Muncie – Last evening, just after 11:30 p.m., members of the Pendleton District Meth Suppression Team were contacted by employees of the Wal-Mart located at 1501 E. 29th. St. in Muncie reference a suspicious backpack in the men’s rest room.
When troopers entered the rest room located at the front of the store, they found a backpack with an active meth lab inside. Members of the team donned their protective respirators and suits and dismantled the lab, removing the chemicals from the premises.
The health department was called in for an inspection as is required by law. They deemed that both the men’s and women’s rest rooms would have to remain closed until they could be professionally decontaminated by a company specializing in Meth decontamination. The investigation into who left the backpack is ongoing.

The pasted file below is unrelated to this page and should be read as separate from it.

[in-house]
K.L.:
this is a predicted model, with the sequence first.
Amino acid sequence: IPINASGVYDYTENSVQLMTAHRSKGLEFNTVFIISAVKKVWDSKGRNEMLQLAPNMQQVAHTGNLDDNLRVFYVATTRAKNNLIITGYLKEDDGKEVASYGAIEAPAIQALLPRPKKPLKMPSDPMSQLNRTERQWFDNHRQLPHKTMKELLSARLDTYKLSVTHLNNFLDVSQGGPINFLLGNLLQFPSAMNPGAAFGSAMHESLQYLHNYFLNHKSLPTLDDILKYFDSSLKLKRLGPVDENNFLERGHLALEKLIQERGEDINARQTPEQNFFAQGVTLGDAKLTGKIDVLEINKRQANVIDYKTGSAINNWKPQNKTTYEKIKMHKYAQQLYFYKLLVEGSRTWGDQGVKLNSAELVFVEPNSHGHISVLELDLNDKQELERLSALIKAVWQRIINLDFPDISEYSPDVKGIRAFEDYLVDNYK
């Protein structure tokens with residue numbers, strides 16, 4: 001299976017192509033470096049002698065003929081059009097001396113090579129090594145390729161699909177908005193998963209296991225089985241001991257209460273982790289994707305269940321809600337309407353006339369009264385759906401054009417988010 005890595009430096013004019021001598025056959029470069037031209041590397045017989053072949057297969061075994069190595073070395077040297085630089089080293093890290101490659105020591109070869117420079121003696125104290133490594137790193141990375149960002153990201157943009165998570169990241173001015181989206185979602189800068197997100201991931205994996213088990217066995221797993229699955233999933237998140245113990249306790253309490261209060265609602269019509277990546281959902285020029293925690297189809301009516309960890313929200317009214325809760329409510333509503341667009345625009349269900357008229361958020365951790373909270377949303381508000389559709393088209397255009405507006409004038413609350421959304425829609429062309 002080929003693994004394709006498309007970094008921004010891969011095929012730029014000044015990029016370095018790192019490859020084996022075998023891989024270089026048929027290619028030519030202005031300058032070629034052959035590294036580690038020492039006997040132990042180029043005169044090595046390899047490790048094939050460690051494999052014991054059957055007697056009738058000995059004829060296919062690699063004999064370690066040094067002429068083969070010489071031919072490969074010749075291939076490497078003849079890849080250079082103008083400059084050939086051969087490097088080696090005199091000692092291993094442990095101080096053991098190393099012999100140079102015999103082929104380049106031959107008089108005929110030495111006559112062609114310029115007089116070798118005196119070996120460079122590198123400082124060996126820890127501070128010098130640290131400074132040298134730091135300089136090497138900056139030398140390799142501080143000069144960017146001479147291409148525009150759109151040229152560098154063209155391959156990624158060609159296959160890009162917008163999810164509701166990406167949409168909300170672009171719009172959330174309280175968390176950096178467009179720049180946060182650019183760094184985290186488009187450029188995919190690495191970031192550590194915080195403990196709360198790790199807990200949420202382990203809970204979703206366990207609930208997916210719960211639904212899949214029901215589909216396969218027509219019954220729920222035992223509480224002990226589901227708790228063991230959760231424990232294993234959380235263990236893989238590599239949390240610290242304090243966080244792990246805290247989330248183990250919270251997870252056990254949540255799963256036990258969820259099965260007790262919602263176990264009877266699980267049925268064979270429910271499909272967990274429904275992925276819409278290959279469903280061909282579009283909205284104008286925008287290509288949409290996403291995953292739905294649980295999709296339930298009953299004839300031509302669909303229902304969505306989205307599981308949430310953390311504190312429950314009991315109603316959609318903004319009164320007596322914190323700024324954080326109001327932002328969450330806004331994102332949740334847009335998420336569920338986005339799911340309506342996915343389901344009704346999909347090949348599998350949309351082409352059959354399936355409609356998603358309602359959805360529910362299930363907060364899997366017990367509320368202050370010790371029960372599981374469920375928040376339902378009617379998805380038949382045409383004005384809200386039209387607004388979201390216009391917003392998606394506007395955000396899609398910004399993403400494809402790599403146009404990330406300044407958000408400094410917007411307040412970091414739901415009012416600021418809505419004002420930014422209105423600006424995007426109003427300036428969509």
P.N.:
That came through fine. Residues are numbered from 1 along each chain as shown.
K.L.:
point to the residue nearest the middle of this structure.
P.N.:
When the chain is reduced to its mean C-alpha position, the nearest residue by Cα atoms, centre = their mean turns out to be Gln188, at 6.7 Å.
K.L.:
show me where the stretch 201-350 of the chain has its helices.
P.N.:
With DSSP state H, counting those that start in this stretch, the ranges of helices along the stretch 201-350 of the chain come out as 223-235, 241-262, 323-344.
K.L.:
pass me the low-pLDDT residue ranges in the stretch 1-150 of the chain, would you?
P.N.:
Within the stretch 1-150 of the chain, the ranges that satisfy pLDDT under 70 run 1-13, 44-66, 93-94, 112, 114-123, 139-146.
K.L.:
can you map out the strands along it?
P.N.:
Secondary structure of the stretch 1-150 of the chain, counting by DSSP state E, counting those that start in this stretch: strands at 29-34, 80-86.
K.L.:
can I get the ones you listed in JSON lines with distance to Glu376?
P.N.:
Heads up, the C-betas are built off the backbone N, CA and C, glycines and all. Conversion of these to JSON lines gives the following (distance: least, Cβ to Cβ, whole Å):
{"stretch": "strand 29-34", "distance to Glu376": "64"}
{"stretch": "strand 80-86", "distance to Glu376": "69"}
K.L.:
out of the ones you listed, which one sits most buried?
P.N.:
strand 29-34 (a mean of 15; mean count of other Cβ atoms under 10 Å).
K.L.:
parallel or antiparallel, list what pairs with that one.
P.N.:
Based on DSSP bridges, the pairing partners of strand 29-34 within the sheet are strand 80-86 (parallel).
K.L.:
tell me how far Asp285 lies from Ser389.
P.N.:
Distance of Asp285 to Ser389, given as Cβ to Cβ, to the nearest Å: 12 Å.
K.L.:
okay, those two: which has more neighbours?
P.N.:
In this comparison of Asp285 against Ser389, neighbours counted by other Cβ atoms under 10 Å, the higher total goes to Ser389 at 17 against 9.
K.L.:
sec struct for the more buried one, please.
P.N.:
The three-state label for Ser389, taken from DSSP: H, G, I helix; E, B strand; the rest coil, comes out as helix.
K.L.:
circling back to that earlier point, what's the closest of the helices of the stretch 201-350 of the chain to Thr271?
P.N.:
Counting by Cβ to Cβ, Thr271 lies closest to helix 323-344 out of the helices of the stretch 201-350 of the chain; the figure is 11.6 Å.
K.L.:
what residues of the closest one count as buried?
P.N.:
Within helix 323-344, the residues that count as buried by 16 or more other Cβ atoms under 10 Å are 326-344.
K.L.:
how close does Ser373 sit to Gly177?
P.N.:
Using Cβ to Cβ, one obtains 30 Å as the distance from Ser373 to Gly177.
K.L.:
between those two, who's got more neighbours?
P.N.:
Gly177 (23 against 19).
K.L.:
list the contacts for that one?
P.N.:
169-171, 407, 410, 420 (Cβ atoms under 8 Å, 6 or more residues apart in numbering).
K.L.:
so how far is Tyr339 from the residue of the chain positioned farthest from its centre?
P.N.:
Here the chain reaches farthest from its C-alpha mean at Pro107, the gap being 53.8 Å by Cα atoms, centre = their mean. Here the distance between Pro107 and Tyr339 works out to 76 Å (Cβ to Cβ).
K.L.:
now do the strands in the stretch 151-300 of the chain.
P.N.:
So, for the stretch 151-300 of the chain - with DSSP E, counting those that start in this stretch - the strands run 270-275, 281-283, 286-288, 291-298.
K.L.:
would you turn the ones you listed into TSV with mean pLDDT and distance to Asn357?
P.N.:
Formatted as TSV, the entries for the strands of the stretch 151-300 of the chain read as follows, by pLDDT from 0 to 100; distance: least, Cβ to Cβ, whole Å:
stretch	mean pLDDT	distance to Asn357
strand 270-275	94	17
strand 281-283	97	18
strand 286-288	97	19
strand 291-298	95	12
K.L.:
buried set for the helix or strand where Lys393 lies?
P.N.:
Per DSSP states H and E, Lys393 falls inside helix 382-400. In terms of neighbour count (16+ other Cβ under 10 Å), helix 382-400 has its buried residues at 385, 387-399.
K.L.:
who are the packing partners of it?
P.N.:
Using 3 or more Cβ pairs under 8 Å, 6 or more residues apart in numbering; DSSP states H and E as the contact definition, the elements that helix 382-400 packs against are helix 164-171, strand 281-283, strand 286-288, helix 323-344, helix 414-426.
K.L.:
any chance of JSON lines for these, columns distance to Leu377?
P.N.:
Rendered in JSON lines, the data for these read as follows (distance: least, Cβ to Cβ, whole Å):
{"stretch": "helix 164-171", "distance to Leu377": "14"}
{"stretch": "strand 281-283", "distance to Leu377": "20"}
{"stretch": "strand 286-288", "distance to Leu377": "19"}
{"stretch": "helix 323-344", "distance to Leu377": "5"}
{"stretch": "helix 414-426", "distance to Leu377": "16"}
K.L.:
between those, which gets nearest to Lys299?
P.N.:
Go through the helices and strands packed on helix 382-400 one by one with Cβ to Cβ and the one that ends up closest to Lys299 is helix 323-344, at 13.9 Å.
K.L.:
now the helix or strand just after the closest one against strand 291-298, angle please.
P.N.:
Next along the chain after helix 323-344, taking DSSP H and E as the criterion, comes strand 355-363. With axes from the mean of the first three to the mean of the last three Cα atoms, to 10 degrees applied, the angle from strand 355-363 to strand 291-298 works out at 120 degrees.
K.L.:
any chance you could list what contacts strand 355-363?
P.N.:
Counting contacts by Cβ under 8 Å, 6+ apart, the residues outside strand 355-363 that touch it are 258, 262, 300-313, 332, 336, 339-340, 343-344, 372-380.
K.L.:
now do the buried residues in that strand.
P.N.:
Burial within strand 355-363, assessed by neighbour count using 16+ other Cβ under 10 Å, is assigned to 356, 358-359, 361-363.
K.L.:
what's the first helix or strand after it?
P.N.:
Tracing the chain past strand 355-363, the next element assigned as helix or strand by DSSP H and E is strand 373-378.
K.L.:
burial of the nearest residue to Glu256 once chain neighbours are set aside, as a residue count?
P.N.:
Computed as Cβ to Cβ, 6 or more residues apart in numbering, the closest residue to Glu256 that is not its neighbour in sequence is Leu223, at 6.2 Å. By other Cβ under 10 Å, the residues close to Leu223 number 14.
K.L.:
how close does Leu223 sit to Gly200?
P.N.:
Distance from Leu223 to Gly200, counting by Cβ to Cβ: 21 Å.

With warm weather approaching and outside activities increasing, so does the potential for people to encounter toxic and hazardous meth trash or a working meth lab left unattended.
Rather than the Meth cook blowing up or contaminating their house, they are now often leaving behind the deadly explosive chemicals in public places to return later to get the finished product. They will often times dump their trash, which includes Sudafed blister packs; Liquid Fire drain cleaner bottles, battery casings, and plastic drink bottles with white residue in the bottom, in rural or desolate areas, or in alleys or vacant lots.
The Indiana State Police Meth Suppression Section wants to remind citizens that these labs and meth lab trash contain chemicals that are toxic, flammable, corrosive, and acidic. The combination of these chemicals could cause an explosion, fire or burns if they come into direct contact with the skin. The chemical fumes can cause permanent damage to organs and the nervous system. Read the rest of this entry »
On Sunday, a News story featured 11-year-old Chloe Stirling of Troy, Ill., a sixth-grader at Triad Middle School who makes about $200 a month selling cupcakes.
On Monday, the long arm of the law — in this case, the Madison County Health Department — put an end to that.
“They called and said they were shutting us down,” Chloe’s mother, Heather Stirling, told the Post-Dispatch.